A rare combination of circumstances and market forces have lined up to make this a prime time to buy a new truck, crossover or SUV.
First off, manufacturers have recovered from the production shortages caused by Japan’s catastrophic March 11 earthquake more quickly than many analysts anticipated. This has swelled inventories and pushed prices down.
The 8.9-magnitude quake and resulting tsunami temporarily closed some auto factories, while others were hit by rolling blackouts or infrastructure problems as Japan reeled from the disaster (while many Japanese automakers have plants in the U.S. and elsewhere, some models — like the Honda Fit, Toyota Yaris and all Japanese-brand hybrids — are made only in Japan). The resulting shortages of Japanese cars and parts reduced the number of vehicles reaching dealerships and pushed vehicle prices up across the board.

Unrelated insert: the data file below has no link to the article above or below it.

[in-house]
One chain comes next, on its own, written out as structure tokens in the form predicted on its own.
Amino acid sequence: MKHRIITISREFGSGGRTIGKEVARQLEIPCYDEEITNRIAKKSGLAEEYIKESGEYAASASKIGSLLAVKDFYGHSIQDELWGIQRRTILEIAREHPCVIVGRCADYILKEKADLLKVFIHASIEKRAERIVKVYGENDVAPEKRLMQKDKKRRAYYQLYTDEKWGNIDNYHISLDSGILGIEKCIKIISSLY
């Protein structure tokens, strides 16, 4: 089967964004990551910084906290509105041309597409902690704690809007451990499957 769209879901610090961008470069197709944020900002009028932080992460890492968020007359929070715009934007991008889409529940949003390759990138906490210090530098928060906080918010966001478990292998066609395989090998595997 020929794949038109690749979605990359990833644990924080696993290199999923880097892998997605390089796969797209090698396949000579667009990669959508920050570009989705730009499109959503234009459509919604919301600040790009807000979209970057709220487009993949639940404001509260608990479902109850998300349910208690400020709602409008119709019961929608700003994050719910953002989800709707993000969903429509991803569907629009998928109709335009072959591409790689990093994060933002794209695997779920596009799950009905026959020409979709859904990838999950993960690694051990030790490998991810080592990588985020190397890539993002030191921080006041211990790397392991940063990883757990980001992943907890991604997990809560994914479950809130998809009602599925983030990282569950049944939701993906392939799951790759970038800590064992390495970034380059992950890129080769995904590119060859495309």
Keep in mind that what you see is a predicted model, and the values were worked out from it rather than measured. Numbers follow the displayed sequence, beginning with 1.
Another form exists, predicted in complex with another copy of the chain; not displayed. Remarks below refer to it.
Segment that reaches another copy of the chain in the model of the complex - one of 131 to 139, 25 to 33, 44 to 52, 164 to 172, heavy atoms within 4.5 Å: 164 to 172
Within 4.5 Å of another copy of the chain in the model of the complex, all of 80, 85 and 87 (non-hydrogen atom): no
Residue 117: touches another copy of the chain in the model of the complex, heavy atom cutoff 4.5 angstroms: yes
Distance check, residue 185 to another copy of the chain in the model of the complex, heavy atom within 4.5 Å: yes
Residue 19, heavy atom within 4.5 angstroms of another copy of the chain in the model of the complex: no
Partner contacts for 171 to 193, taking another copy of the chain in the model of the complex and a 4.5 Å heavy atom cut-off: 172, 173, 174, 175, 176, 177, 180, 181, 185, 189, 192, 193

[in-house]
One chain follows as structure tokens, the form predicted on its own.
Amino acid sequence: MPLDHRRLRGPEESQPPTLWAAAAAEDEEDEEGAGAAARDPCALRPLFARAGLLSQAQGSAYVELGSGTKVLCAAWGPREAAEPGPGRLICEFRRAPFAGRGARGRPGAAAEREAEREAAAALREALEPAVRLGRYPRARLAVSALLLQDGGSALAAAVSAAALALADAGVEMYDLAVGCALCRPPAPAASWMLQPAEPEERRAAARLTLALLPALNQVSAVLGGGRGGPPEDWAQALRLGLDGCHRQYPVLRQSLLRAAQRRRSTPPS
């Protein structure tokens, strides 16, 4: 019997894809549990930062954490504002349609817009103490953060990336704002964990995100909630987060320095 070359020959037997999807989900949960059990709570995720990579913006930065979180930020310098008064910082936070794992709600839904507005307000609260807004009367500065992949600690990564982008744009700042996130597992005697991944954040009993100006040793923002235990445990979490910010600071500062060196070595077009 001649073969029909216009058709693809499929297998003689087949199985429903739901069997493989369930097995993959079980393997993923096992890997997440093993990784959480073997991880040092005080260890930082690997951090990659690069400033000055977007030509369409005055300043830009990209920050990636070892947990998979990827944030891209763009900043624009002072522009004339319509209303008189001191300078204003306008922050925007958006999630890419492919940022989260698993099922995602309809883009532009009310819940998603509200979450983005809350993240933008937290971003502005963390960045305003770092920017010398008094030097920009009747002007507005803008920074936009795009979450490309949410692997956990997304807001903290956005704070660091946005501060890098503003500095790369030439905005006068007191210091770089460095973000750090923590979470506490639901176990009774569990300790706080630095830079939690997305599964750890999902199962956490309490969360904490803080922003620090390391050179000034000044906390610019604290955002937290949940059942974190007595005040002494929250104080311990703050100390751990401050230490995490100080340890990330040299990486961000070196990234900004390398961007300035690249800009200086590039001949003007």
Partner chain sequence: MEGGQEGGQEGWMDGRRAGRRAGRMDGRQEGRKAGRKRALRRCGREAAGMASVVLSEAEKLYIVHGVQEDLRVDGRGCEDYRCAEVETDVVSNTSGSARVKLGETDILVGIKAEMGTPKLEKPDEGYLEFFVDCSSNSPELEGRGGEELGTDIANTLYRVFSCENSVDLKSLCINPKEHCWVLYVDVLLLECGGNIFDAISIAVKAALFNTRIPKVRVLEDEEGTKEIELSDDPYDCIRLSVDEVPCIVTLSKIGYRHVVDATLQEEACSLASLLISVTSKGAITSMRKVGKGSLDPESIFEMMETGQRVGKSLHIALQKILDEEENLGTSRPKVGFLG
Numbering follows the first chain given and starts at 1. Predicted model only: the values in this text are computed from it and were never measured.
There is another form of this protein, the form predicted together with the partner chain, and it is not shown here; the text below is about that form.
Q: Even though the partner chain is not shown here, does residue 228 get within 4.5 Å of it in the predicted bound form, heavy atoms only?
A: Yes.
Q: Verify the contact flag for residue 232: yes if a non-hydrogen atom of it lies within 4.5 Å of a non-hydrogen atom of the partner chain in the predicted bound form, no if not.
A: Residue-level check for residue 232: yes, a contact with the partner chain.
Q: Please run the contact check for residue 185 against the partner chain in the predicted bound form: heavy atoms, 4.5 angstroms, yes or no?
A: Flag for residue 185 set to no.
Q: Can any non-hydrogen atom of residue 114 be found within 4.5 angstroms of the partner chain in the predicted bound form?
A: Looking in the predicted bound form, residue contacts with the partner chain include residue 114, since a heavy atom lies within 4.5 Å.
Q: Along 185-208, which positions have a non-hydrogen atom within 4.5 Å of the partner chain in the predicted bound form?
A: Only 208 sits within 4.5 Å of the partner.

But by mid-September, Toyota, Japan’s biggest automaker, announced that its North American production levels were back to normal and the company started ramping-up production to make up for the previous six months’ shortfall. Nissan’s inventory returned to pre-quake levels even sooner, and the company’s North American sales actually rose 19% in August. Honda plans to boost output volume by 25% through March 2012. The result? Prices for Japanese models are dropping — and rival auto manufacturers are obliged to follow suit.
—Paul Rogers, Custom Publishing Writer